Justices allow full travel ban to go into effect while government appeals

Justices allow full travel ban to go into effect while government appealsThis afternoon the Supreme Court granted the federal government’s request to allow it to enforce the full set of restrictions imposed by President Donald Trump’s September 24 proclamation, often known as the “travel ban.” The proclamation limits the entry into the United States of nationals from eight countries – Iran, Libya, Yemen, Somalia and Syria […]

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Justices allow full travel ban to go into effect while government appeals

This afternoon the Supreme Court granted the federal government’s request to allow it to enforce the full set of restrictions imposed by President Donald Trump’s September 24 proclamation, often known as the “travel ban.” The proclamation limits the entry into the United States of nationals from eight countries – Iran, Libya, Yemen, Somalia and Syria (all of which were covered by an earlier order, issued on March 6), along with North Korea, Venezuela and Chad (which were not covered by the March 6 order). A federal court in Hawaii blocked the government from implementing the September 24 order, while a federal judge in Maryland barred the government from enforcing the order with respect to nationals of affected countries who can claim to have a genuine relationship with a person or institution in the United States. The U.S. Court of Appeals for the 9th Circuit imposed a similar freeze on the order while the government appeals the Hawaii judge’s ruling, but that didn’t go far enough for the federal government, which went to the Supreme Court last month seeking to implement the entire ban.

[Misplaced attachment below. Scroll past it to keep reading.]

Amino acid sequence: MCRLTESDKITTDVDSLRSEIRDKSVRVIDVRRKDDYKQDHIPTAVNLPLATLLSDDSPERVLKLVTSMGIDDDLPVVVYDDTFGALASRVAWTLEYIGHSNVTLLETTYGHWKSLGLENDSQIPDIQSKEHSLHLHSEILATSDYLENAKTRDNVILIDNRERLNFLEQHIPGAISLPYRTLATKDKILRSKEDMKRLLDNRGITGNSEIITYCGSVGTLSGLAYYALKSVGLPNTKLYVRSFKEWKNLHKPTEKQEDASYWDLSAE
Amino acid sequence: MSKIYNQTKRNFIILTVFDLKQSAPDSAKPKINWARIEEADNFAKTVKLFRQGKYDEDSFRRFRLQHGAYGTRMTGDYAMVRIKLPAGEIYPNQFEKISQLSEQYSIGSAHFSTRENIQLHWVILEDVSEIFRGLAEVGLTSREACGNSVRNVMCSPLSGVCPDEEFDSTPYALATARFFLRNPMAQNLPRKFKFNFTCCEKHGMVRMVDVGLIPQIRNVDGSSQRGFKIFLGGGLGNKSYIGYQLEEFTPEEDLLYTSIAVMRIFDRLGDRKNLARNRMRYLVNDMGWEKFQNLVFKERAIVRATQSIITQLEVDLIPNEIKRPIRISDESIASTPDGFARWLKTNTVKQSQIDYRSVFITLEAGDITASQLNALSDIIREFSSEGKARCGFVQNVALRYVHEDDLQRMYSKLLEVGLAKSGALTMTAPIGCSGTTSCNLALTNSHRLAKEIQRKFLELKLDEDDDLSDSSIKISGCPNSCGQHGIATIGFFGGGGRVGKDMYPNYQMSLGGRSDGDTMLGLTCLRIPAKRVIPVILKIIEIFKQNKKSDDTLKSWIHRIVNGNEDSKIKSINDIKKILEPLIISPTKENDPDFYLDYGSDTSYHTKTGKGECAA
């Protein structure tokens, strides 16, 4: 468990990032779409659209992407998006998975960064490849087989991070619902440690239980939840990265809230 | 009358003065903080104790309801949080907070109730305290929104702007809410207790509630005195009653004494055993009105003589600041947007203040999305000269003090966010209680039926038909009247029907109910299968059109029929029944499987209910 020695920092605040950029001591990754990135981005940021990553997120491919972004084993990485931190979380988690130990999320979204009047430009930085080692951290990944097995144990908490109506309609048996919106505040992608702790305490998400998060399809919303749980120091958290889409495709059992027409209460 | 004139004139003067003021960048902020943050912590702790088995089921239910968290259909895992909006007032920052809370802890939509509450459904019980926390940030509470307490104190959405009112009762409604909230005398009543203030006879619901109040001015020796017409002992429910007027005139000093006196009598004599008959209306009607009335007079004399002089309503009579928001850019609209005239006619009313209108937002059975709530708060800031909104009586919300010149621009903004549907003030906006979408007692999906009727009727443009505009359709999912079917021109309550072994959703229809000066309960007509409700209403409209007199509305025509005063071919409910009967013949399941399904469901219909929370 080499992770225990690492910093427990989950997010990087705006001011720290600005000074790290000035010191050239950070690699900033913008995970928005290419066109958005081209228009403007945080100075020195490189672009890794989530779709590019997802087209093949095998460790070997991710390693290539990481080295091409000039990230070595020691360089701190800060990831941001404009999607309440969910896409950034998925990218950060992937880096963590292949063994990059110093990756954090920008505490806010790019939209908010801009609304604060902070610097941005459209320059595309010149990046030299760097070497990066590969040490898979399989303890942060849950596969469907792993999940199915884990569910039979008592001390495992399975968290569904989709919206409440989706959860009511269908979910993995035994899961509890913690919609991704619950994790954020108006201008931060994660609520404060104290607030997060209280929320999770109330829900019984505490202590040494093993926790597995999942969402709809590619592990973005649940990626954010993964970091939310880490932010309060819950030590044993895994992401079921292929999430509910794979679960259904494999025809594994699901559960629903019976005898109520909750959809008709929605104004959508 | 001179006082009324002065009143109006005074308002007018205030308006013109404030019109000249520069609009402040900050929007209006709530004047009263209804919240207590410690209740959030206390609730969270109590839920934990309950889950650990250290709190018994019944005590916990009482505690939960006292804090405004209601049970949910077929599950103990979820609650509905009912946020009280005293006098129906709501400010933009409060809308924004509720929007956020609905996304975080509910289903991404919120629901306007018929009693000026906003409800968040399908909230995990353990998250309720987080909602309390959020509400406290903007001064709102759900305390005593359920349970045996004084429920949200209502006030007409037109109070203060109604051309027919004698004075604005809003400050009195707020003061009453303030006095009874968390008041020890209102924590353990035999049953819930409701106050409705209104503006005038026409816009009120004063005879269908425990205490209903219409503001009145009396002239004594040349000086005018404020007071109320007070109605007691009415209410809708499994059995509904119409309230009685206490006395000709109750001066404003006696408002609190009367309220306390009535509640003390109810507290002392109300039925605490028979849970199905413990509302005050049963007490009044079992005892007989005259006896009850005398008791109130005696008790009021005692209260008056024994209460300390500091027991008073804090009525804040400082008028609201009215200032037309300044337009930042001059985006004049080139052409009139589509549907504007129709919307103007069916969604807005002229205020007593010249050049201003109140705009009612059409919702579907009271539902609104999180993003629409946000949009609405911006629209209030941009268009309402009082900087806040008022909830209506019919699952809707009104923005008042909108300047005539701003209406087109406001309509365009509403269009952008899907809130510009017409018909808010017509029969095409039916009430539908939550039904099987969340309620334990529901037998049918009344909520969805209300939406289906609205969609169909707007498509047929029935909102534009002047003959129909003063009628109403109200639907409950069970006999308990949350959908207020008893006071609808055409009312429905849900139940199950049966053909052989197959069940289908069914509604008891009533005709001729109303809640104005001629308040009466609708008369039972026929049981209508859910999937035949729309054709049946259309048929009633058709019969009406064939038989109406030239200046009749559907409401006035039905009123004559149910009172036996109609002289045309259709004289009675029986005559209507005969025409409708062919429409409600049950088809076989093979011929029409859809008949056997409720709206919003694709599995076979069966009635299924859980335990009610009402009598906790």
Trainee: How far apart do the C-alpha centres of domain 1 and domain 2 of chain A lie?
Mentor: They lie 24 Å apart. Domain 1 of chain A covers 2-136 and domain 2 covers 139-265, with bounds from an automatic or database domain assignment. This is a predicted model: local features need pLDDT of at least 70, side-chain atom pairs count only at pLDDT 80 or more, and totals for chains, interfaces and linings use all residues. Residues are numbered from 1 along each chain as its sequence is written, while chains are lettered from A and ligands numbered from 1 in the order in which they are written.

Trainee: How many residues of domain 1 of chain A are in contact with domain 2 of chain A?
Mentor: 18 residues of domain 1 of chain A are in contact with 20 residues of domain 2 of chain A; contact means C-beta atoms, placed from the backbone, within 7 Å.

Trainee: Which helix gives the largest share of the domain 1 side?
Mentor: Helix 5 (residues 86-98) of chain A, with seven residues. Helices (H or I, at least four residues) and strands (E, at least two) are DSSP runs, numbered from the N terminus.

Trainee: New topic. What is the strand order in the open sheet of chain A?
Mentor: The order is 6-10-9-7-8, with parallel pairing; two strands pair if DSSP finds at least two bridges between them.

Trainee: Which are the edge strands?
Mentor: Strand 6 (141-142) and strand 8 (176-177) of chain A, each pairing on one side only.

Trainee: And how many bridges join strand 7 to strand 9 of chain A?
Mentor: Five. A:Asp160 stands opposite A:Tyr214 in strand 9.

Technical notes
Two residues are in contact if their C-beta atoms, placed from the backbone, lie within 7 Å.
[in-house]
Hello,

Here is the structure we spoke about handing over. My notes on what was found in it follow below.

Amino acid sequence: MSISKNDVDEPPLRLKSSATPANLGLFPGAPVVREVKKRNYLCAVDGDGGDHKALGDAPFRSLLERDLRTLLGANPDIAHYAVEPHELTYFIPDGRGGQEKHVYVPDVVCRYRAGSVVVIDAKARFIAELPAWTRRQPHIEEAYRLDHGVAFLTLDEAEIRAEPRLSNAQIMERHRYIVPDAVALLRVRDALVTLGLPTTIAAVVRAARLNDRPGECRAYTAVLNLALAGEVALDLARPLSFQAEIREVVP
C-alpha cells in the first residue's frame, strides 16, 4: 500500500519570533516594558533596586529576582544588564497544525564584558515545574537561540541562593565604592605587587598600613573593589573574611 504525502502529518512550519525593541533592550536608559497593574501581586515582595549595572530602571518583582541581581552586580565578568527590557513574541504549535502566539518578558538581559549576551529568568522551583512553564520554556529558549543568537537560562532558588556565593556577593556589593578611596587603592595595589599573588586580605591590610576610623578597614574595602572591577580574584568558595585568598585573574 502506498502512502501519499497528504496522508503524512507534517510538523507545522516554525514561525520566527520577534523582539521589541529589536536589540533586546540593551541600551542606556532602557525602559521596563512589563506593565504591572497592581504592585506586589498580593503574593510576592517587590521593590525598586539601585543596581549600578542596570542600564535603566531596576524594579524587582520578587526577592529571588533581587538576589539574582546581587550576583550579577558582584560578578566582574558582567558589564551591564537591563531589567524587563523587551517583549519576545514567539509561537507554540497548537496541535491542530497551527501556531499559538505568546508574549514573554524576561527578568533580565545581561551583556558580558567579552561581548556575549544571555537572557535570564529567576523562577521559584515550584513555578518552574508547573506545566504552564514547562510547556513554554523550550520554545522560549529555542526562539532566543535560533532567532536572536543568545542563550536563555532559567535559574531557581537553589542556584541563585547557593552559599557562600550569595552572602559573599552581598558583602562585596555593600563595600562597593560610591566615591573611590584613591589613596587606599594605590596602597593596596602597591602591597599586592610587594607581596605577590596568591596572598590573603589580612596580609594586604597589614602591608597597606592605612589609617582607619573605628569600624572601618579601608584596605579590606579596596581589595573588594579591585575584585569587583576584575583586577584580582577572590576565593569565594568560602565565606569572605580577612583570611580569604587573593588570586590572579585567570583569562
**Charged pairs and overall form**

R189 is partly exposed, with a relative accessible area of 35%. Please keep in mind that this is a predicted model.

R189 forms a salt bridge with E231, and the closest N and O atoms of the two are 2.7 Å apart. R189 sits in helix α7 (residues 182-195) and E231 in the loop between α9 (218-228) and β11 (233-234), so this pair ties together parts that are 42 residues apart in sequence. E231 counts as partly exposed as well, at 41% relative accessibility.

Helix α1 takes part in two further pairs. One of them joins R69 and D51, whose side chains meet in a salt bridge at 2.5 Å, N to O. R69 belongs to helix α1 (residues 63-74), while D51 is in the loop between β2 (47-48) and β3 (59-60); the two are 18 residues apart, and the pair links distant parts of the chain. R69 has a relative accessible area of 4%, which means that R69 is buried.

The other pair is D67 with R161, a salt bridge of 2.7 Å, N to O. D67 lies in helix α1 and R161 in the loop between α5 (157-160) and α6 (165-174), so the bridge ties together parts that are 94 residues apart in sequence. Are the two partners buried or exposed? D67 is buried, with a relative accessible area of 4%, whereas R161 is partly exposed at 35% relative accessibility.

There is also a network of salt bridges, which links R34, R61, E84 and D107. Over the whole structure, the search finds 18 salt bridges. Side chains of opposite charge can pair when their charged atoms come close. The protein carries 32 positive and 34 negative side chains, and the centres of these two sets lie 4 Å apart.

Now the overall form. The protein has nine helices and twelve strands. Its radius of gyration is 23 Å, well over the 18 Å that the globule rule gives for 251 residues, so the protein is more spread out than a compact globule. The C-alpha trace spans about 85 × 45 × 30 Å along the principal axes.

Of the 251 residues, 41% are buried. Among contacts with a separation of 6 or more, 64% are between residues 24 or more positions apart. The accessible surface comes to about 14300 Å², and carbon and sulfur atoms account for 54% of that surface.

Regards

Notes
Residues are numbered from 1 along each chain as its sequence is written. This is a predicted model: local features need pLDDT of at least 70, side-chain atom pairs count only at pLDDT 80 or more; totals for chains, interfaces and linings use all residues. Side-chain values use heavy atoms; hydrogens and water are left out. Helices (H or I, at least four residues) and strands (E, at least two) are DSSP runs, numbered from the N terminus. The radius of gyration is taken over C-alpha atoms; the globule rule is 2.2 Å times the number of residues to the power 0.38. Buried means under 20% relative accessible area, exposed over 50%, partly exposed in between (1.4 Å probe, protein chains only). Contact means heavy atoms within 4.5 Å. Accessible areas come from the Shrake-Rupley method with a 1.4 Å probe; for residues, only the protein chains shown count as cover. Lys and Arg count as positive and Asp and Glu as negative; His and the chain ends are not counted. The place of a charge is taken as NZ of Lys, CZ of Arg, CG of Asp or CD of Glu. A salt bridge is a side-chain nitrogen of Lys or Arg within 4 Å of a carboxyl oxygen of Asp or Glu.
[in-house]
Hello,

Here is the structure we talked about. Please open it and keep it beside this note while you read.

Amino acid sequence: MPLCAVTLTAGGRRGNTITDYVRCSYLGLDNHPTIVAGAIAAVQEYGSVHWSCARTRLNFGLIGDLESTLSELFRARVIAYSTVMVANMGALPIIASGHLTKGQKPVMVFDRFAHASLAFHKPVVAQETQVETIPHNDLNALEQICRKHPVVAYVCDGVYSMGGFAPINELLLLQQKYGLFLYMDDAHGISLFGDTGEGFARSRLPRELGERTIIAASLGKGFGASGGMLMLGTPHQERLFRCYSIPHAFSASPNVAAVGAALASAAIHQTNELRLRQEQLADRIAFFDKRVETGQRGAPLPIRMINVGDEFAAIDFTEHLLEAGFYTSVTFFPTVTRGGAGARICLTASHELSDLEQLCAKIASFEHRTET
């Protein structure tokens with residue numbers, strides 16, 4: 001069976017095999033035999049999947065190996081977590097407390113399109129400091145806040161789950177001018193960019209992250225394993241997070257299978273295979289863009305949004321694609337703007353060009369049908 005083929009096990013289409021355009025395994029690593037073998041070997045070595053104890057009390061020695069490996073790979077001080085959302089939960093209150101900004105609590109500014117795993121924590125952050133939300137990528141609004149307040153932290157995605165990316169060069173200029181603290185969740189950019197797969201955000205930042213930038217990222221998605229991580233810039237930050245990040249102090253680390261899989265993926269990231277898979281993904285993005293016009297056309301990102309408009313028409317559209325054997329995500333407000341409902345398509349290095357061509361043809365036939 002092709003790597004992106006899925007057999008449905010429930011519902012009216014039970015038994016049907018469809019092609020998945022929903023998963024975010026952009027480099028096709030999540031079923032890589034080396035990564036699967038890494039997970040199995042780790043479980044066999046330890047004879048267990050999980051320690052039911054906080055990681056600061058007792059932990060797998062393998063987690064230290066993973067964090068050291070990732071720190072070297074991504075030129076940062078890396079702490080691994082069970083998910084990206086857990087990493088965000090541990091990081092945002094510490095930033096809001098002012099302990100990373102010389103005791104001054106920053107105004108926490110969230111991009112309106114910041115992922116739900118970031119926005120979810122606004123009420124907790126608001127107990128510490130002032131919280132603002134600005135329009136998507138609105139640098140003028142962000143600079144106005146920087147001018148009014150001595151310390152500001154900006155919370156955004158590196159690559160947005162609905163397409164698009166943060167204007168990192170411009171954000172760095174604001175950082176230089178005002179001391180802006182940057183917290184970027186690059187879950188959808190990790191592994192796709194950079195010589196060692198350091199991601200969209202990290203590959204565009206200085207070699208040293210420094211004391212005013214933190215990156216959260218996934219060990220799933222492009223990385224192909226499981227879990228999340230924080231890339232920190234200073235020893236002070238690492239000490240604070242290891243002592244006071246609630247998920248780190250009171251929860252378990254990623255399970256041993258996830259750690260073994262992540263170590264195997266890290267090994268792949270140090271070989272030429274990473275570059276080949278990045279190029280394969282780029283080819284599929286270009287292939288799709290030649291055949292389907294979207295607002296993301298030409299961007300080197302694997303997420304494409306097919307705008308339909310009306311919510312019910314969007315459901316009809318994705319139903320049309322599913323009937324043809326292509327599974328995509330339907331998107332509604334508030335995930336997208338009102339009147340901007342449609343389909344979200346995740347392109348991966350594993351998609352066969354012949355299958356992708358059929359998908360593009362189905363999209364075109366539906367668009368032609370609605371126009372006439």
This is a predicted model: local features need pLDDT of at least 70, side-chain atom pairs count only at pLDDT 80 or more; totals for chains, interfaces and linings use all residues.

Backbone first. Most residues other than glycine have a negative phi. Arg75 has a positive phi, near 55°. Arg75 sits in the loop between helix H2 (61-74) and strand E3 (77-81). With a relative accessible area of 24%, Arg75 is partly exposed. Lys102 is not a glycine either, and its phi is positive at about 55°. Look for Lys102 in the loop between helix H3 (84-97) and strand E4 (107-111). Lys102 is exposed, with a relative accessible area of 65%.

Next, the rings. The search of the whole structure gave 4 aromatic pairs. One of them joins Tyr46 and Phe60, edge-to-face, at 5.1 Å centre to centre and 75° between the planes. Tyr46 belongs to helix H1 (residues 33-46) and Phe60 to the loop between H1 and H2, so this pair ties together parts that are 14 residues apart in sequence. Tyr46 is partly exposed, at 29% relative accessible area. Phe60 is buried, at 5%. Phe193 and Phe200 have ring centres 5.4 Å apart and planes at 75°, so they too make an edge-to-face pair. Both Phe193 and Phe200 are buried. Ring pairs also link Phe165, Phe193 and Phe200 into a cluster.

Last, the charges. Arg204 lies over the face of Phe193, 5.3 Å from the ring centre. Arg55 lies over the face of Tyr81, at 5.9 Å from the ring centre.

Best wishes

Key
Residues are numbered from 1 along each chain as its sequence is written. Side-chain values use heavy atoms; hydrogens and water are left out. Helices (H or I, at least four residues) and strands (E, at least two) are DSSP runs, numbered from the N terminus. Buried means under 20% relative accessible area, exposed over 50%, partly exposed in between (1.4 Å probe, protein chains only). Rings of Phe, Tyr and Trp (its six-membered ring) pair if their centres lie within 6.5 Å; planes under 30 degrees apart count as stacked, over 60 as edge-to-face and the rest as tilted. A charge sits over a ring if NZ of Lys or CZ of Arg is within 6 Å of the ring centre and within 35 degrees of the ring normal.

Today the justices agreed to the federal government’s request. In two brief orders (available here and here), the court permitted the Trump administration to enforce the September 24 order while the courts of appeals consider the government’s appeals and, if necessary, during review in the Supreme Court. In doing so, the justices went further than they had in June, when they carved out the same kind of exception to the March 6 order that the lower courts imposed in this case – for travelers who can claim a relationship with the United States. In its most recent filings, the Trump administration had argued that the September 24 order is different from its predecessors not only because of the “extensive worldwide review process” that led to its creation, but also because it applies to countries where Muslims are not a majority, while removing some majority-Muslim countries from earlier lists. Although the challenges are still in a preliminary stage of litigation, today’s orders nonetheless bode well for the Trump administration by suggesting that its arguments may have gained some traction on the court.

The 9th Circuit is scheduled to hear oral argument on Wednesday, with oral argument to follow in the 4th Circuit on Friday. In a sentence that seemed to express a warning rather than simply optimism, the justices observed that, because each court had agreed to expedite the government’s appeal, “we expect that the Court of Appeals will render its decision with appropriate dispatch.”

The orders indicated that Justices Ruth Bader Ginsburg and Sonia Sotomayor would have denied the government’s request.

This post was originally published at Howe on the Court.

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